2. Research: Read reviews and user feedback to find the best open source software applications in your chosen category.
  3. Download: Download the software from the developer's website or from a trusted source.
  4. Install: Follow the installation instructions provided by the developer.
  5. Learn: Take some time to learn how to use the software by reading the documentation or watching tutorials.
  6. Contribute: If you find a bug or have a suggestion for improvement, consider contributing to the open source community by reporting the issue or submitting a patch.


Open source software is a powerful alternative to proprietary software that offers many benefits, including cost savings, flexibility, security, and community support. By exploring the categories of open source software and following the tips for getting started, you can discover new software applications that meet your needs and help you get more done.

Common Terms, Definitions and Jargon

1. Open source: Software that is freely available and can be modified and distributed by anyone.
2. Proprietary software: Software that is owned by a company and can only be used under certain conditions.
3. Free software: Software that is available for free and can be modified and distributed by anyone.
4. Open source license: A legal agreement that allows users to use, modify, and distribute open source software.
5. GNU General Public License: A popular open source license that allows users to use, modify, and distribute software freely.
6. Creative Commons: A set of licenses that allow creators to share their work with others under certain conditions.
7. Copyleft: A legal concept that allows users to modify and distribute open source software freely, as long as they release their modifications under the same license.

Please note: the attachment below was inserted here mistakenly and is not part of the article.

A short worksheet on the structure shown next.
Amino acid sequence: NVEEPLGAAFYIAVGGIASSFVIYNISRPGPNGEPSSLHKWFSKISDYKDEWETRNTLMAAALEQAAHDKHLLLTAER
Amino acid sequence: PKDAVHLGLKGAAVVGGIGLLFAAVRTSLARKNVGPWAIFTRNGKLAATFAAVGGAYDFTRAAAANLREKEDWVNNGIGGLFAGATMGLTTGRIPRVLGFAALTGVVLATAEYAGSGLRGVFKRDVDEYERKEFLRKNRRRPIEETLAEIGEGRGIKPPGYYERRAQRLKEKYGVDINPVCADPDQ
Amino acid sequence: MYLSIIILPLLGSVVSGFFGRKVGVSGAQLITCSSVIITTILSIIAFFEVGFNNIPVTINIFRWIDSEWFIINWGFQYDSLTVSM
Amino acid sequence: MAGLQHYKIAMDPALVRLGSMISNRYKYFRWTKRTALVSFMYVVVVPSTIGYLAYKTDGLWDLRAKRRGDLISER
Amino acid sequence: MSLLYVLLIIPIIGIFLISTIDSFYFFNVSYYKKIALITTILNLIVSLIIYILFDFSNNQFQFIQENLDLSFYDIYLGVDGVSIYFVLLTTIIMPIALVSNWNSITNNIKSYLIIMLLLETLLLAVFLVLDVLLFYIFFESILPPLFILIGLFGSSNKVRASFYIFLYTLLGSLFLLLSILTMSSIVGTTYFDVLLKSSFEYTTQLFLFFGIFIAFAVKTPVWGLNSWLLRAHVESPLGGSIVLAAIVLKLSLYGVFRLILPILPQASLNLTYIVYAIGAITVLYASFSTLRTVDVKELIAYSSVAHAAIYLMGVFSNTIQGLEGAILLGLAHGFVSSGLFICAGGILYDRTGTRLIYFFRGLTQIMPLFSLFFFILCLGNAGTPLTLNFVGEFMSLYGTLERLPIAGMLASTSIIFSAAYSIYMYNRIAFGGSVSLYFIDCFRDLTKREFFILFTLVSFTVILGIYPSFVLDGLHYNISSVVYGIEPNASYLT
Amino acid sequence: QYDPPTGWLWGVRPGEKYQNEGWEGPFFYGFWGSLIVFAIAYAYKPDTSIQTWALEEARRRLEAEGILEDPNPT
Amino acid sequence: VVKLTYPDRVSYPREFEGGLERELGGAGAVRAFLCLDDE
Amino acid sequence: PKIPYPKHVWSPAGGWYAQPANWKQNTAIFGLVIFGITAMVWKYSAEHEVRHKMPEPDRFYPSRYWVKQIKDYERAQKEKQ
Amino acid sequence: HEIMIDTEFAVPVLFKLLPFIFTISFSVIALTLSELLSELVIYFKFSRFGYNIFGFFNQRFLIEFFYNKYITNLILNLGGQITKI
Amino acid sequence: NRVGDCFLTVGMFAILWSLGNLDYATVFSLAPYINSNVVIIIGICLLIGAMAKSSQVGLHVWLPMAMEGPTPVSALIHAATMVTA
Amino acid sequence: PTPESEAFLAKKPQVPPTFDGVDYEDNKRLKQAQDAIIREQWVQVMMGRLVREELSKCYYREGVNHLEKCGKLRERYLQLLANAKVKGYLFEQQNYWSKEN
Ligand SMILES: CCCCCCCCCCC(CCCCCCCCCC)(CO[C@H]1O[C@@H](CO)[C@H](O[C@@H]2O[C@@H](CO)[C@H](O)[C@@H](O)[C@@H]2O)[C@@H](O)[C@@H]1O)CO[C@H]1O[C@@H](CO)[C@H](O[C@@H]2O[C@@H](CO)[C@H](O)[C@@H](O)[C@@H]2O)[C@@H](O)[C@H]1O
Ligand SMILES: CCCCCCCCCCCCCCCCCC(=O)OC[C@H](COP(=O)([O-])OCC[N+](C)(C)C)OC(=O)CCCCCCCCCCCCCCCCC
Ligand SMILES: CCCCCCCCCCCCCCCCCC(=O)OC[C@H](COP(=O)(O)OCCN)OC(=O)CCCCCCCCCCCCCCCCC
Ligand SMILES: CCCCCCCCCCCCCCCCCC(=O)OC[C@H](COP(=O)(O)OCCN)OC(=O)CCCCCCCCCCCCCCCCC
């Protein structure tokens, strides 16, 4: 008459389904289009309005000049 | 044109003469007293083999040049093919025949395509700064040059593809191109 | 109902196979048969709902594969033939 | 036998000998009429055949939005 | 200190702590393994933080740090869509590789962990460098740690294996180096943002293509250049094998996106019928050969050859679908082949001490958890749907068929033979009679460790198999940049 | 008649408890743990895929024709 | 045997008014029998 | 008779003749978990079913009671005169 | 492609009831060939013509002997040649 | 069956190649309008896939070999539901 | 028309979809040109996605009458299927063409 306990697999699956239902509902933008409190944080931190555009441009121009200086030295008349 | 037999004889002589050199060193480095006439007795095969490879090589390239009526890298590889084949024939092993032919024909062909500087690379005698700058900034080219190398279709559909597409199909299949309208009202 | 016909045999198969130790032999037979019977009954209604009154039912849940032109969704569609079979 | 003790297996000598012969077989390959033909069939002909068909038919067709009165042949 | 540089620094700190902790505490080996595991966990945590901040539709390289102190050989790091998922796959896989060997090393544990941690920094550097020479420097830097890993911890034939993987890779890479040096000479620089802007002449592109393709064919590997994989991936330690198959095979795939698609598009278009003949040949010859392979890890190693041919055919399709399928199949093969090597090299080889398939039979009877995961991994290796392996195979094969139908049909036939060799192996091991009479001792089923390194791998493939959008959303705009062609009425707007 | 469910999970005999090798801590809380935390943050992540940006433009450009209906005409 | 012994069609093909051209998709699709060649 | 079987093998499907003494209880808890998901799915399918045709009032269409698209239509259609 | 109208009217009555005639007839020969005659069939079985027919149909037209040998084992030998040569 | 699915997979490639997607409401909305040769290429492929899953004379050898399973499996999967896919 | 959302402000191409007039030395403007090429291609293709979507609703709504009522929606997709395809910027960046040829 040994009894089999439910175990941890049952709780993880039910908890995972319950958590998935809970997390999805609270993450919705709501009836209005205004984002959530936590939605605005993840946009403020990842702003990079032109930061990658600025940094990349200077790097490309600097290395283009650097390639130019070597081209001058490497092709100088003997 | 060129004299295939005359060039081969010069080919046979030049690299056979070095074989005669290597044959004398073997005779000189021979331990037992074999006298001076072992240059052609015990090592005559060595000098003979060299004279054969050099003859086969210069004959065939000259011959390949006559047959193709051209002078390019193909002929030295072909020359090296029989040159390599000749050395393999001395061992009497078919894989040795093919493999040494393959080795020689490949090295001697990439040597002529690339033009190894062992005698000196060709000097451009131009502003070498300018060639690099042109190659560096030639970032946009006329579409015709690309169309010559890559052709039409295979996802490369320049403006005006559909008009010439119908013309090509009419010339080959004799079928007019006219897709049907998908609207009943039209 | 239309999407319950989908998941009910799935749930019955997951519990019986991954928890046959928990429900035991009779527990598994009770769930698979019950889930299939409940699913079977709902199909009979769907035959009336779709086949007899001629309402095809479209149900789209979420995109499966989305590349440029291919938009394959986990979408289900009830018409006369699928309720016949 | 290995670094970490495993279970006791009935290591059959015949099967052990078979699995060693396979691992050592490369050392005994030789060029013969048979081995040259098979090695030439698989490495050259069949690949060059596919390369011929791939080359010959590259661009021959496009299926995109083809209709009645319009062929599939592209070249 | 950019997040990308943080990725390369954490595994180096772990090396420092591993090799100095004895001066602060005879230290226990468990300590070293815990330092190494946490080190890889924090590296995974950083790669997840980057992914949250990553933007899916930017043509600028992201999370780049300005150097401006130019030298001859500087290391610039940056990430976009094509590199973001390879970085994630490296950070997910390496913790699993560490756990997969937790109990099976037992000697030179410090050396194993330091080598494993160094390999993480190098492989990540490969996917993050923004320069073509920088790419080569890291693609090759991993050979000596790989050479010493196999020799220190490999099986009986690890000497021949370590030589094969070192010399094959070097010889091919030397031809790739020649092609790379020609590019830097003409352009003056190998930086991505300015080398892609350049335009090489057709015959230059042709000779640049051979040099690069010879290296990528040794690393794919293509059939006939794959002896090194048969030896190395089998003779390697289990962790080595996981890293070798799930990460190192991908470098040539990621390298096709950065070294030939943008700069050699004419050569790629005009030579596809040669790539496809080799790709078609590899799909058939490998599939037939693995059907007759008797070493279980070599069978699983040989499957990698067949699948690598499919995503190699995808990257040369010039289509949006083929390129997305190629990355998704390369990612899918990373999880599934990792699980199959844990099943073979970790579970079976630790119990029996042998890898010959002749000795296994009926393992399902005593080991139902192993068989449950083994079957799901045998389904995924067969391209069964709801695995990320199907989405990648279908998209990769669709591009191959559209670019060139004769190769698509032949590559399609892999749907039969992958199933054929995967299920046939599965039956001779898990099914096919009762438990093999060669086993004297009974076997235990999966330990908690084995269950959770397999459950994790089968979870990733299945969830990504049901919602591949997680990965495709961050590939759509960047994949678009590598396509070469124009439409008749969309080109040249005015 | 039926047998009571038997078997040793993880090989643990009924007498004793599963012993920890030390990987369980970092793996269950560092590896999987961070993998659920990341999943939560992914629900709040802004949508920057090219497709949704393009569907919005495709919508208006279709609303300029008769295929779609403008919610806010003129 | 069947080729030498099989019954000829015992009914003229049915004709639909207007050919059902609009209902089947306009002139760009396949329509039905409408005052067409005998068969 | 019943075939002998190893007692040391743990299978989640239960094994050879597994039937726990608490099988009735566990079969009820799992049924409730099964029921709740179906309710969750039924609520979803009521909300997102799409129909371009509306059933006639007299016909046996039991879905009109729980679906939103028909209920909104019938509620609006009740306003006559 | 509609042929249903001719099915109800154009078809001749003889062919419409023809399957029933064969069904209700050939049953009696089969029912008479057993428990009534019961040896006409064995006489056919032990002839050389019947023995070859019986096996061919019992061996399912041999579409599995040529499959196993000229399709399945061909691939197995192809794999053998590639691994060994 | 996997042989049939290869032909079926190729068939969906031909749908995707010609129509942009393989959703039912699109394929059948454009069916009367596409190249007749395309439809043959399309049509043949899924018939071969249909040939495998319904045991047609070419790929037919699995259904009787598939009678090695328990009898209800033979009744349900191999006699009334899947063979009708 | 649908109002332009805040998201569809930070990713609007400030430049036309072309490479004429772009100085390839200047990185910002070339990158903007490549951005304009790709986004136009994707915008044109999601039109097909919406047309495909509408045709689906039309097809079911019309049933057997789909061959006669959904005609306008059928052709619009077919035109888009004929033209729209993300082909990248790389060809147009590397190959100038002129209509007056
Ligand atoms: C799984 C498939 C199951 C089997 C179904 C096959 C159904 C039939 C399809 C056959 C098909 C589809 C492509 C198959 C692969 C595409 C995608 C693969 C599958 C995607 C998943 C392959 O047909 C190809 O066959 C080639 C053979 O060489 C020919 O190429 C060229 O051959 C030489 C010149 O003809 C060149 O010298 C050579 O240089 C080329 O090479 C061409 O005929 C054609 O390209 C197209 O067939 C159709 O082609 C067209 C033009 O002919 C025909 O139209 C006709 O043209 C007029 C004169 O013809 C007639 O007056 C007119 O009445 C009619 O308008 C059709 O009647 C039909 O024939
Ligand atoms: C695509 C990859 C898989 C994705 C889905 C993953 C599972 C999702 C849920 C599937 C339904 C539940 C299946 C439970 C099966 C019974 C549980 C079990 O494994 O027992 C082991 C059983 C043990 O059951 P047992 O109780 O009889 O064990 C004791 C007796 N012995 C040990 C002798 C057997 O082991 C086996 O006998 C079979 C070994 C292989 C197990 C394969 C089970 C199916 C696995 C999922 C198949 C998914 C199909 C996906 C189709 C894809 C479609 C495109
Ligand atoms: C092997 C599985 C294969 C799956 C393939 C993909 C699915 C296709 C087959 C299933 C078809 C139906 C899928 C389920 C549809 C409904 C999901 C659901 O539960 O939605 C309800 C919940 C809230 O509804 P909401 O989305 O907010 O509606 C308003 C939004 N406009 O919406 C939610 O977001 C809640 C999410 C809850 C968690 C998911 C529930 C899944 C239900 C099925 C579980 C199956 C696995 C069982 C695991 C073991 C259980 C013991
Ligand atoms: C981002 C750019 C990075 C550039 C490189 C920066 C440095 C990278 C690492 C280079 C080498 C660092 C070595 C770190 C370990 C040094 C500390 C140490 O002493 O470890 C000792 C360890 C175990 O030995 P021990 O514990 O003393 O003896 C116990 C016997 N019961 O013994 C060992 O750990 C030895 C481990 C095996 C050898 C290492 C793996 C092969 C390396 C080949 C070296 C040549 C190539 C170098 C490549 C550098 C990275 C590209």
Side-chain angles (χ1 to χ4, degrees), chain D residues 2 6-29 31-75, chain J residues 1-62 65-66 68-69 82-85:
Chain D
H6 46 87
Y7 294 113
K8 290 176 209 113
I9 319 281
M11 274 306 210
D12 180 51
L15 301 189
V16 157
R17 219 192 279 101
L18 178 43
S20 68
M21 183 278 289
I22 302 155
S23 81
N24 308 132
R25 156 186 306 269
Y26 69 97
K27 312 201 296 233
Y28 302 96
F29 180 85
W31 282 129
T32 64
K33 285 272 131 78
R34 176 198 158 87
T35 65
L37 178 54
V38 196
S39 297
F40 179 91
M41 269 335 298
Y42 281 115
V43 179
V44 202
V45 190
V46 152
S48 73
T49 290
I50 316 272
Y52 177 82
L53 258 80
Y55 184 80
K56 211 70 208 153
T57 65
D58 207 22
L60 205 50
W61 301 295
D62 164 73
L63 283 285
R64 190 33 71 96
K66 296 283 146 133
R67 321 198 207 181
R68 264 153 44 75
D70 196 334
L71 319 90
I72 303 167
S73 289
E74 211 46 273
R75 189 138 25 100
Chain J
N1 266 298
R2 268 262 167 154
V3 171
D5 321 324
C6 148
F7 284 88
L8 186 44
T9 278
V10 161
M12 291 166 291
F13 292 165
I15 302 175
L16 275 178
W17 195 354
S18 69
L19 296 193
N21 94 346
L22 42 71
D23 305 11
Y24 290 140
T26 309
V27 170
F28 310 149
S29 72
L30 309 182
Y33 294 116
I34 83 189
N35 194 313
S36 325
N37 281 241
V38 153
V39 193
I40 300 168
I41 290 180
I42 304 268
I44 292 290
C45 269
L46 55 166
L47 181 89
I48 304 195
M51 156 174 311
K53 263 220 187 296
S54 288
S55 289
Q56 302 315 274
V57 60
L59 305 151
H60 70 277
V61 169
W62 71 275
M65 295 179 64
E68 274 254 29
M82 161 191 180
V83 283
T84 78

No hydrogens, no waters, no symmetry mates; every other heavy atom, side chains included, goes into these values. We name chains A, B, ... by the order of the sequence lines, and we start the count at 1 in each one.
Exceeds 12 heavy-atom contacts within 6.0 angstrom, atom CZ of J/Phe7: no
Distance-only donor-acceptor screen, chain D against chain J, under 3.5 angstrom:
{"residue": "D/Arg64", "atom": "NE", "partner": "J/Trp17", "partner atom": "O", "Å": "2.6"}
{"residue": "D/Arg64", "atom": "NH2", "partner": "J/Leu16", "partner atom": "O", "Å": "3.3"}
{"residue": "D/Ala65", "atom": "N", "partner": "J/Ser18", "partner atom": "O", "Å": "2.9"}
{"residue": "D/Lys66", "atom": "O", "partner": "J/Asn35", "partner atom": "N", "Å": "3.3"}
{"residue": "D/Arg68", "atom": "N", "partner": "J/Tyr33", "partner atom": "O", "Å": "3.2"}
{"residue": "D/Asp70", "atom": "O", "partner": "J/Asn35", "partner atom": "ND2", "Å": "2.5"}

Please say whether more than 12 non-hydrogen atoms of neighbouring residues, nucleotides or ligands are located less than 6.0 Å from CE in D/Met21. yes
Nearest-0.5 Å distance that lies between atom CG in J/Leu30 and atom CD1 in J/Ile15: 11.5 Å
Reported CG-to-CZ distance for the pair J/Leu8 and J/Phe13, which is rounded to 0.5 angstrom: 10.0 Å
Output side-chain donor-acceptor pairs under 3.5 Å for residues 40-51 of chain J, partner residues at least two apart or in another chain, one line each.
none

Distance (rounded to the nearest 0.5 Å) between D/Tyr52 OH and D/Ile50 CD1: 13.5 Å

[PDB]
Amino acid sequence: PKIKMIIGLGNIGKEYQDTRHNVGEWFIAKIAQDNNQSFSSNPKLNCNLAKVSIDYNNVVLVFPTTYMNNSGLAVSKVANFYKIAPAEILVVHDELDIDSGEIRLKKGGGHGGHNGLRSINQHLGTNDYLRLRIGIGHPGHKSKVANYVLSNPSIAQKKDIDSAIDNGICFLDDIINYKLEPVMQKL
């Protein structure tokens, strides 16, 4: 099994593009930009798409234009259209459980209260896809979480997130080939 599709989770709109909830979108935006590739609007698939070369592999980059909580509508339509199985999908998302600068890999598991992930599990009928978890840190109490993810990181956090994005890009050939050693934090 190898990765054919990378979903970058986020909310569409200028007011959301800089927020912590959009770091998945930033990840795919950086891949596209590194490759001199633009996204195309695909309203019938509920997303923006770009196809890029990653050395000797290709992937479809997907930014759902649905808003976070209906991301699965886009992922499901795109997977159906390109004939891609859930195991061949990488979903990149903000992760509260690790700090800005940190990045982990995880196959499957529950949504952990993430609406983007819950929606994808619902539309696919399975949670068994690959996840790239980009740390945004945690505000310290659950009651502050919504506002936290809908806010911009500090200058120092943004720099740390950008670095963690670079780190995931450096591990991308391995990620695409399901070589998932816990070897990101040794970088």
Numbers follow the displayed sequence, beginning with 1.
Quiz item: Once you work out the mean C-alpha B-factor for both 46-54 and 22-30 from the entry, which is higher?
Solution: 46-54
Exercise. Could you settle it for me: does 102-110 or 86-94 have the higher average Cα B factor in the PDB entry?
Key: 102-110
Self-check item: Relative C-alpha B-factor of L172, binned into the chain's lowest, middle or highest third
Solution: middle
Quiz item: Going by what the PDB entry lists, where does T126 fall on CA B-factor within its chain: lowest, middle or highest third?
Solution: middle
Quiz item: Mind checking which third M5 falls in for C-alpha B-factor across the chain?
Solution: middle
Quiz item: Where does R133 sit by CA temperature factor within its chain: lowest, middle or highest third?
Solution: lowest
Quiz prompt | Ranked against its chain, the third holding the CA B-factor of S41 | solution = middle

8. Fork: A new version of a software project that is created by copying the original code and modifying it.
9. Community: A group of people who work together to develop and improve open source software.
10. Contributor: Someone who contributes to an open source project by writing code, fixing bugs, or providing support.
11. Bug: An error or flaw in a software program that causes it to malfunction.
12. Patch: A small piece of code that fixes a bug or adds a new feature to a software program.
13. Version control: A system that tracks changes to a software project over time and allows multiple people to work on the same codebase.
14. Git: A popular version control system used by many open source projects.
15. GitHub: A web-based platform that allows developers to host and collaborate on open source projects.
16. Bitbucket: A web-based platform that allows developers to host and collaborate on open source projects.
17. SourceForge: A web-based platform that allows developers to host and collaborate on open source projects.
18. Stack Overflow: A popular online community where developers can ask and answer technical questions.
19. Linux: An open source operating system that is widely used in servers, supercomputers, and embedded systems.
20. Ubuntu: A popular Linux distribution that is easy to use and comes with many pre-installed applications.